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Jack David (essay date 1977)

(Poetry Criticism)

SOURCE: "Visual Poetry in Canada: Birney, Bissett, and bp," in Studies in Canadian Literature, Vol. 2, No. 2, 1977, pp. 252-66.

[David is a Canadian editor and writer. In the following excerpt, he analyzes several of Bissett's concrete poems.]

For Bill Bissett, 1962 was the year that he first "allowed the words to act visually on the page." Most noticeable, initially, about Bissett's poetry is his peculiar orthography, described by Frank Davey as "idiosyncratic quasiphonetic spelling" which is part of his "attempt to write of an unqualified, elemental, and pure visionary world" as well as "a symbolic act of social rebellion." For example, Bissett spells "the" as "th",...

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Len Early (essay date 1980)

(Poetry Criticism)

SOURCE: An introduction to SELECTED POEMS: BEYOND EVEN FAITHFUL LEGENDS, by Bill Bissett, Talonbooks, 1980, pp. 11-18.

[In the following excerpt, Early discusses Bissett's visionary politics and places his work in the context of contemporary Canadian poetry.]

Writing on bill bissett in 1980 is a rather different venture than responding to his books as they appeared ten or even five years ago. Bissett's poetry was so closely identified with the political/cultural convulsion of the 1960's that even its admirers were bound to wonder how many of its features would retain interest as the years passed. This selection should reassure them. In the first place, it will remind...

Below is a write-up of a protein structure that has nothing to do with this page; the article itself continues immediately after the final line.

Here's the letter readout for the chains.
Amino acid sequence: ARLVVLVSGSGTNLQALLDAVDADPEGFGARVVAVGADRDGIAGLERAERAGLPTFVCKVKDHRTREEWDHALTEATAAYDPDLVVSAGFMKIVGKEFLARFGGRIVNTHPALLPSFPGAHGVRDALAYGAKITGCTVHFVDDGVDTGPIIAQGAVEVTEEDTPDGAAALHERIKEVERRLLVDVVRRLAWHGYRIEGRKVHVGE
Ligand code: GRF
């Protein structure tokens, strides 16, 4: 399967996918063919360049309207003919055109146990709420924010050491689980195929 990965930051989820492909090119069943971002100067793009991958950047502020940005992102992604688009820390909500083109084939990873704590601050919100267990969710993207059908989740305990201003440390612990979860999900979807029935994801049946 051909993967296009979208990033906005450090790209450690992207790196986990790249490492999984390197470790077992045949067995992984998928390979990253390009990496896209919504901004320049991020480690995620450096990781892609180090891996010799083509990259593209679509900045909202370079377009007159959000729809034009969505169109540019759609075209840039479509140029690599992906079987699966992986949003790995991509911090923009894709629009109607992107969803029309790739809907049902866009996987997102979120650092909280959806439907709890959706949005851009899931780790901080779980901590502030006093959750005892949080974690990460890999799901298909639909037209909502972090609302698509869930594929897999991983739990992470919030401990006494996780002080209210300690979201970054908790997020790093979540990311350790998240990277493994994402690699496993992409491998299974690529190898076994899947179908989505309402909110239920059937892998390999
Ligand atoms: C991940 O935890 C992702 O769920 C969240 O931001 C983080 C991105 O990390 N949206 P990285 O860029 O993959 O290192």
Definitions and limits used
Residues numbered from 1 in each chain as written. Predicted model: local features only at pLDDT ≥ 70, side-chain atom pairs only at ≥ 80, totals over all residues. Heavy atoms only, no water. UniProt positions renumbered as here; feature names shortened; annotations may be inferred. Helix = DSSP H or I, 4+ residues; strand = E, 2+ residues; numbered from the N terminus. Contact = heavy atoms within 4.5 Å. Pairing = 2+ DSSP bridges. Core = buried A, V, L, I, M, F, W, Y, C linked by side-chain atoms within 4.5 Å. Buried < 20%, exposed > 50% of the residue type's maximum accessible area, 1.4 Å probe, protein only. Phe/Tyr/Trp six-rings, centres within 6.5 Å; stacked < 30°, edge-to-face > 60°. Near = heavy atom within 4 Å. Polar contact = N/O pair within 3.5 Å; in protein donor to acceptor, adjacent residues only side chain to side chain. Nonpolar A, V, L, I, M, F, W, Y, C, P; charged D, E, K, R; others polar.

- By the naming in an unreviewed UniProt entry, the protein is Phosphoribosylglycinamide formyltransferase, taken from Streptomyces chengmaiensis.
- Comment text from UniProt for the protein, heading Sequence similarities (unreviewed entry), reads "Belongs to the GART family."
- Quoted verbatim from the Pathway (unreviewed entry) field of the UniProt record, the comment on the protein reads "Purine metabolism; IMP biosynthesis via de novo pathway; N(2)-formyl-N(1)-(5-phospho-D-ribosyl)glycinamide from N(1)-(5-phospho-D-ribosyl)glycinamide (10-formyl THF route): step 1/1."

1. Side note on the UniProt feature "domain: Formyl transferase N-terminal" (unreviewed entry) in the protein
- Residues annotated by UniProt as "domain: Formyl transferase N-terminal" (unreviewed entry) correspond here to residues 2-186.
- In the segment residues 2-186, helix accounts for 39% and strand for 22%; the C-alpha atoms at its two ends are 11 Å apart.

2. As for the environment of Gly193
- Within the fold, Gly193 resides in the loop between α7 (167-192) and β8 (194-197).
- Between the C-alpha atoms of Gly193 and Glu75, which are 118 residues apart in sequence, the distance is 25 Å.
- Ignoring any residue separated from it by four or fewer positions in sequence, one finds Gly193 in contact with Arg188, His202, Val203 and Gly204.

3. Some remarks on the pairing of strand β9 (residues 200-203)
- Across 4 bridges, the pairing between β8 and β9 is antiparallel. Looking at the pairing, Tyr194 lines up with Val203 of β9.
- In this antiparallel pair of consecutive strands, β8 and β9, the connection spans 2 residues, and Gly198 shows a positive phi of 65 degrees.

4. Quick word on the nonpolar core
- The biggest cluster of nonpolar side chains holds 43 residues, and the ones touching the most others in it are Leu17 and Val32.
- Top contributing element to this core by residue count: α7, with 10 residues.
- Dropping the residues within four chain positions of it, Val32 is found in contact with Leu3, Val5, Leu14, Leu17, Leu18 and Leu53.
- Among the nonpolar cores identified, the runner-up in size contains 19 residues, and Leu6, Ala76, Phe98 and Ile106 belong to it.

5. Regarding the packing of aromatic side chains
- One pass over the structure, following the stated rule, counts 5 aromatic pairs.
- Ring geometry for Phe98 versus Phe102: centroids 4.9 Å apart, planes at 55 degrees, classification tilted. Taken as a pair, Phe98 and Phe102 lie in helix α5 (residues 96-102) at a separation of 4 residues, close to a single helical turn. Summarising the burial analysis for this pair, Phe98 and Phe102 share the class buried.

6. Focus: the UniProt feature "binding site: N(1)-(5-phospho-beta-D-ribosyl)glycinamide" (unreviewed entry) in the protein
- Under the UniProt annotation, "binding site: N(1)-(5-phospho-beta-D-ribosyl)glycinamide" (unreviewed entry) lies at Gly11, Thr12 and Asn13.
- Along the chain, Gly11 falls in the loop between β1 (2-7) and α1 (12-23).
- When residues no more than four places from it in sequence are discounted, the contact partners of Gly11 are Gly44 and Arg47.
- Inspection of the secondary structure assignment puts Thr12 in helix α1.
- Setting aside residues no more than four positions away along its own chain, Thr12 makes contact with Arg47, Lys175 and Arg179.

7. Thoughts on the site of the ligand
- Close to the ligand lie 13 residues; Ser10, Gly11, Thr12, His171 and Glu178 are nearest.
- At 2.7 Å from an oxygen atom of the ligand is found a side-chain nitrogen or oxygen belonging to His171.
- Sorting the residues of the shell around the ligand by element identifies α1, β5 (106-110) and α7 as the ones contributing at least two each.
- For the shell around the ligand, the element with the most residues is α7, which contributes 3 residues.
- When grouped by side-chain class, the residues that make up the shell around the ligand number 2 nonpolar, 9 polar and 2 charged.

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Ann Mandel (essay date 1984)

(Poetry Criticism)

SOURCE: "Free Subject," in Canadian Literature, No. 101, Summer, 1984, pp. 149-53.

[In the following excerpt, Mandel reviews Bissett's Northern Birds in Color and praises the vitality of his writing.]

[Bissett] is certainly Canada's poet of "the tribal dream." Northern Birds, his forty-seventh book of poetry, is a continuation of his constant prayer for the world to be a home for everyone, a vision to be realized by "th heeling vibraysyun uv th trust," a tribal caring of one for another. His poems articulate the grace of acknowledging and yielding to cycles of nature, rage against political and nuclear madness, wittily criticize the pope, dentists,...

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Karl Jirgens (essay date 1992)

(Poetry Criticism)

SOURCE: "Bill Bissett," in Canadian Writers and Their Works, Vol. 8, edited by Robert Lecker, Jack David, and Ellen Quigley, ECW Press, 1992, pp. 17-109.